Northshore mom sounds alarm over longterm care for disabled son

North Shore mom sounds alarm over long term care for disabled son

COVINGTON, LA (WVUE) - A North Shore mother says her disabled son is being made to feel like trash. She says she can't get a local nursing home to take him in, and he's about to be sent three-and-a-half hours from the home that gives him the full care he needs.

He's a 22-year-old man with a body that never fully developed and the  mind of a 3 year old.

"He's lived his entire life unable to sit up, rollover. He's been disabled the entire 22 years," said Josh White's mother, Donna.

Josh, born premature, contracted RSV virus when he was 4 months old, which led to a damaged brain.

"He watches 'Blues Clues.' We just hold his hand and kiss him," said his mother.

White requires near-constant care. Donna gave up her job after he was born, and last month, he suffered a major setback.

"About three weeks ago his care worker was changing his diaper, and as they rolled him, his hip and femur bone broke," said Donna White.

White said her son gets good care at St. Tammany hospital, but now he must be moved to a nursing facility and his family has been rejected at every turn.

"There's 11 in St. Tammany alone. They aren't saying they don't have a place, they are saying they can't meet his needs," said Donna White.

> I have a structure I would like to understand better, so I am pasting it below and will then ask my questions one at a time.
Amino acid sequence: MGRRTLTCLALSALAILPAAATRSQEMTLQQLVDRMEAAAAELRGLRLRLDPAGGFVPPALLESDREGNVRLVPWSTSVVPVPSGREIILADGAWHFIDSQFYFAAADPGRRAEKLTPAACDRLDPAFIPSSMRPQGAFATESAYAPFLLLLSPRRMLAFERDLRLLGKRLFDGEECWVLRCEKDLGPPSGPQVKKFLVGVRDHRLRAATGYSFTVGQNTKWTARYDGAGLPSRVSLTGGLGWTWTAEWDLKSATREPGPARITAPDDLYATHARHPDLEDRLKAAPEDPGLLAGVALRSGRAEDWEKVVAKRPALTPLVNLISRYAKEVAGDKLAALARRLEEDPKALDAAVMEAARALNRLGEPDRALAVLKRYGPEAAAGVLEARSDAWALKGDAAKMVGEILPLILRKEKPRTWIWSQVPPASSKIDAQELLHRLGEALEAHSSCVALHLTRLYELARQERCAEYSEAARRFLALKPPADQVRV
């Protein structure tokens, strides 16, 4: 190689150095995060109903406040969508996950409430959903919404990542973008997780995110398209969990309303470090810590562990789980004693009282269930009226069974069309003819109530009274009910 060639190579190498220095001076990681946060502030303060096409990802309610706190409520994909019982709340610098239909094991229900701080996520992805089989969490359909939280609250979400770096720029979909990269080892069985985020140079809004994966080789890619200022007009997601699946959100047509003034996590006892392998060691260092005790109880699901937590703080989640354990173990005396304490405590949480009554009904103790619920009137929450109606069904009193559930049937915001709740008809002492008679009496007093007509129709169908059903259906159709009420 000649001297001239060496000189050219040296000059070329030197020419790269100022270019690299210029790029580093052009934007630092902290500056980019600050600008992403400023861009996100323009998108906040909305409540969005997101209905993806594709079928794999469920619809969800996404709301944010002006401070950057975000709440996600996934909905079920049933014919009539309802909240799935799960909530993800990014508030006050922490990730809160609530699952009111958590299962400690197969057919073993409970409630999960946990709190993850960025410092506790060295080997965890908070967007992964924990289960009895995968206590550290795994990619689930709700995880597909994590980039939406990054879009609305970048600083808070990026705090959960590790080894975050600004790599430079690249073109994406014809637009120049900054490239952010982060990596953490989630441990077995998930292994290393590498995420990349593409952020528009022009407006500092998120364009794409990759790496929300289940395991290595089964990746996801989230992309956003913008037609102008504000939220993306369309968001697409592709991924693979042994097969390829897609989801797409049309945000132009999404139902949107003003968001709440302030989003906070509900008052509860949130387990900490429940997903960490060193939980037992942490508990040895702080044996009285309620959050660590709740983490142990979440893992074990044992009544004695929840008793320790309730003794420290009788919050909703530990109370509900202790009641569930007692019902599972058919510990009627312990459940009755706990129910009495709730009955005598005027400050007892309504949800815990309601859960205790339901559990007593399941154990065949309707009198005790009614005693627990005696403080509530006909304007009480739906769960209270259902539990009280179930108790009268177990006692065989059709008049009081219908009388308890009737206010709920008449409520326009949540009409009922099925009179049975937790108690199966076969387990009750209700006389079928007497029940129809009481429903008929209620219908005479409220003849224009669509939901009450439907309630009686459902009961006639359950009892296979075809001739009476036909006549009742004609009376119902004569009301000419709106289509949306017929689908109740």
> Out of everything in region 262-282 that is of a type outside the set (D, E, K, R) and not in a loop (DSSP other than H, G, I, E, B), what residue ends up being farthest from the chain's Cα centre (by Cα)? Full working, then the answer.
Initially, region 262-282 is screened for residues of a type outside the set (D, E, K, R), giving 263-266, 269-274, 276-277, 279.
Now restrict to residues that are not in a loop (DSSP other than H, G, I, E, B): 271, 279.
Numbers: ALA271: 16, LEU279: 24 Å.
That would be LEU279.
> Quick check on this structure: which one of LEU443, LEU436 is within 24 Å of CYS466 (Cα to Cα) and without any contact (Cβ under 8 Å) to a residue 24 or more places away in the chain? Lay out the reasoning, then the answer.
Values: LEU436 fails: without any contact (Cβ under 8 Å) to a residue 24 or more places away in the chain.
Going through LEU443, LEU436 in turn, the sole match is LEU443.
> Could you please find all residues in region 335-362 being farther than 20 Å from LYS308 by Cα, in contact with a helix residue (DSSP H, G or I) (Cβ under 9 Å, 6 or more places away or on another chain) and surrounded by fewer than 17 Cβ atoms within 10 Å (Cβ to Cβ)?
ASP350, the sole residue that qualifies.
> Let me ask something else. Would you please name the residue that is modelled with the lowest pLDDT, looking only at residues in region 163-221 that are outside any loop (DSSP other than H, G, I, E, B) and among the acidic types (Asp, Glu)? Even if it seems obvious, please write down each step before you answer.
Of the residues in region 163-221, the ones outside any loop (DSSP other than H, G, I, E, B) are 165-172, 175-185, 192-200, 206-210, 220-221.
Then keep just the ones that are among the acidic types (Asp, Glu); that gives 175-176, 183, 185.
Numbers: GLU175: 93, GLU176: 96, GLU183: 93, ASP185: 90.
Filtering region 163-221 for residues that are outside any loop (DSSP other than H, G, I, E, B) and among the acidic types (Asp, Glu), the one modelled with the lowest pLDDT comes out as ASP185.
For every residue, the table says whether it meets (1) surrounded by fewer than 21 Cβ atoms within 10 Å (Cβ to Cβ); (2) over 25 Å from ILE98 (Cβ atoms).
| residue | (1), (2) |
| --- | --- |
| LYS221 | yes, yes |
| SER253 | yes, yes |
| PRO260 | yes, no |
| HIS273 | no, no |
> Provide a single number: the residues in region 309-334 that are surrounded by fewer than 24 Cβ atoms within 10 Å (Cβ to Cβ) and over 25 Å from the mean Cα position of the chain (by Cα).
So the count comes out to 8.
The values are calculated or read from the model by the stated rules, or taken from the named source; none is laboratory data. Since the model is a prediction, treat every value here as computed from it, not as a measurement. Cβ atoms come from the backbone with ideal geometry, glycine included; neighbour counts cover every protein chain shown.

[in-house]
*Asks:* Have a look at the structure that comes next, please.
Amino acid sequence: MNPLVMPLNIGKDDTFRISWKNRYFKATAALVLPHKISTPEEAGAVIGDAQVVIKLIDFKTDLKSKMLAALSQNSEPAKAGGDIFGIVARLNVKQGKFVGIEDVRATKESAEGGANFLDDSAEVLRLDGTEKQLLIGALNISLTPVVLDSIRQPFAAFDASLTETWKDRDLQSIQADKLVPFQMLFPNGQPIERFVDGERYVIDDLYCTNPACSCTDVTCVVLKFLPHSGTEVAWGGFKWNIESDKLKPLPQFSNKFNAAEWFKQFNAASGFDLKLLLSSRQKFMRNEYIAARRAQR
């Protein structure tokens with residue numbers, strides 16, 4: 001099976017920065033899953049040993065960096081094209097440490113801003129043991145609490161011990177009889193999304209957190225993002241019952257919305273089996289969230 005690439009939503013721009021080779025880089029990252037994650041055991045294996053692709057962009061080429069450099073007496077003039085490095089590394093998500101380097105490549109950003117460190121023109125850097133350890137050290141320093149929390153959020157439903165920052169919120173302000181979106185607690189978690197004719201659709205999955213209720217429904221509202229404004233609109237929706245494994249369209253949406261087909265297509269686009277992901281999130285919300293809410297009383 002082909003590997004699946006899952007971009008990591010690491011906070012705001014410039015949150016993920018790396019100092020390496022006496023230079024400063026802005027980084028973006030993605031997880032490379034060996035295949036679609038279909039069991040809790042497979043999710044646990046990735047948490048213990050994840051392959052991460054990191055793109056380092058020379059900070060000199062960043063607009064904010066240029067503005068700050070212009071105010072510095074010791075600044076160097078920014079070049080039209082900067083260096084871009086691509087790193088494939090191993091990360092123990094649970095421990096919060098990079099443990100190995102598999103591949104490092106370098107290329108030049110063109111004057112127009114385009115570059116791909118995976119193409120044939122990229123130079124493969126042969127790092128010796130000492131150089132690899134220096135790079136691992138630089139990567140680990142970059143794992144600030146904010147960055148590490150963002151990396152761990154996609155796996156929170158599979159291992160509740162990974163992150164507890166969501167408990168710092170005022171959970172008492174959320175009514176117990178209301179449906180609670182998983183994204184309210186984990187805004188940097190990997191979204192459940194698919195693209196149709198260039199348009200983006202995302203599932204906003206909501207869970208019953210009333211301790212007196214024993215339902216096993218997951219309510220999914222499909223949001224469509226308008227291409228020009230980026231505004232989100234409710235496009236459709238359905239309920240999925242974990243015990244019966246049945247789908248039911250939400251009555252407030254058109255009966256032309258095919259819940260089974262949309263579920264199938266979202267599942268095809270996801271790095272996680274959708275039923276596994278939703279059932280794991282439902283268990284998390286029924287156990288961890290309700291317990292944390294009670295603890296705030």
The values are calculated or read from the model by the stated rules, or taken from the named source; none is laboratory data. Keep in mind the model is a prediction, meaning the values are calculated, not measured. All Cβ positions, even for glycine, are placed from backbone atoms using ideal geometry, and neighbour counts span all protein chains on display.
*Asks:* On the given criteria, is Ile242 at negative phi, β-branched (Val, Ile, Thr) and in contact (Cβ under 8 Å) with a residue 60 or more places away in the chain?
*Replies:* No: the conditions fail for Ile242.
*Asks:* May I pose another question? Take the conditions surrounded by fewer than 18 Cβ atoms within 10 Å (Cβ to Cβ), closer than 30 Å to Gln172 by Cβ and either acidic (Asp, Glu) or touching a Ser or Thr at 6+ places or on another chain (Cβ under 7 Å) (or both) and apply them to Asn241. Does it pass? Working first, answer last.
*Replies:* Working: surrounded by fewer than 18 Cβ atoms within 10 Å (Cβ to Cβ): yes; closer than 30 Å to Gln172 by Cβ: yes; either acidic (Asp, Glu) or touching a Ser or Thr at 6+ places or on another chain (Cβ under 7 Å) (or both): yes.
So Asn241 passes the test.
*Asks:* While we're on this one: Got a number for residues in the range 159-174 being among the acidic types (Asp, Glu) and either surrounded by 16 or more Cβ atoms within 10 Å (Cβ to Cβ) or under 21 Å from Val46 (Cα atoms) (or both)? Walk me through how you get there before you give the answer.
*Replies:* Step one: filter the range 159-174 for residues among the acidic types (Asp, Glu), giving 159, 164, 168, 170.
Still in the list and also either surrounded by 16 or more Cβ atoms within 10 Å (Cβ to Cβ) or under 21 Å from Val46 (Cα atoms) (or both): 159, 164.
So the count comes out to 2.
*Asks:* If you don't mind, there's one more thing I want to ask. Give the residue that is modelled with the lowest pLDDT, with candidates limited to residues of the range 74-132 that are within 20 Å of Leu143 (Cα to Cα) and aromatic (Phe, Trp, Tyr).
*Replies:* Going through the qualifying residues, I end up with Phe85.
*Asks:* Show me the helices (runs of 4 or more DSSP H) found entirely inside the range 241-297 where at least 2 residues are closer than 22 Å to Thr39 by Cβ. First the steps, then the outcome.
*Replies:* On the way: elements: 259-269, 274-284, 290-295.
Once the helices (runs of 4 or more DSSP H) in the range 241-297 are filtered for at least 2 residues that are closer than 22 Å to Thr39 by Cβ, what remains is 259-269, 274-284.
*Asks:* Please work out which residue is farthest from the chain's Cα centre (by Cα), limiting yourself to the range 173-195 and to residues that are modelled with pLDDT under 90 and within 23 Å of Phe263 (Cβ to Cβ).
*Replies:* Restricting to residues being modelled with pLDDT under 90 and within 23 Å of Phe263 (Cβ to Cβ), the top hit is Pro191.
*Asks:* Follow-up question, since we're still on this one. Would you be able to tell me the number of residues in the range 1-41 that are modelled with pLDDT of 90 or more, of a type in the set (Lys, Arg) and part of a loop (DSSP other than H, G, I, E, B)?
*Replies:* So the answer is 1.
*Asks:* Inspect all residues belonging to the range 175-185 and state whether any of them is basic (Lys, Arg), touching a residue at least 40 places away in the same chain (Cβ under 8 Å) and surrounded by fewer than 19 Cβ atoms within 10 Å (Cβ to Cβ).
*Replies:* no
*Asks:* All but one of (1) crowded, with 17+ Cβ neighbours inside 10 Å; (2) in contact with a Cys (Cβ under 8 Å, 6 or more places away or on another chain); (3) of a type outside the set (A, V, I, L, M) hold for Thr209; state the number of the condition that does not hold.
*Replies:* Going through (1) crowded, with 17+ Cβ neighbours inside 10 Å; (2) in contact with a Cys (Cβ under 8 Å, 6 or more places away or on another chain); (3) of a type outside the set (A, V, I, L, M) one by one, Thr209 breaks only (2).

That means a facility in Pineville may be the only place for the Whites to turn.

"I think it's discrimination against the disabled. You're not supposed to separate him from the community," said his mother.

To say that Josh's condition, and the costs associated with it, have changed his mother's life wouldn't be the half of it.

"He means everything to me. This is my baby. I've given up 22 years to be by his side, I lost my home, no medical insurance, I've done everything to keep him with me," Donna said.

White said that attention has helped him succeed in areas that might seem small to some. He has developed a childlike understanding of the world around him, which can also be a curse.

"He must feel like trash that has to be put out with me crying, 'why won't you take my son?'" Donna said.

She now worries that she may only be able to see him on weekends, and at this point has no idea how she will pay for travel and lodging to visit Josh.

"I don't want to accept this and say he's got to go away. He's wanted by his family, and I'm going to fight to keep him here," she said.

But time is running short. Due to funding issues, Josh may be moved out of St. Tammany Hospital as early as this week. The hospital declined our request for an interview, but Josh's mom said she has received assurances that Josh will be allowed to stay until a suitable nursing facility is located.

In the meantime, Donna White has set up a Gofundme site to help her pay for equipment that could help the family take care of Josh at home. The family has also set up a Facebook page called 'Bring Joshua home'.

If Josh is sent to Pineville, he will stay at a state facility called Pinecrest. Its stated mission is to support people with disabilities, to reach treatment goals and help them return to community living.

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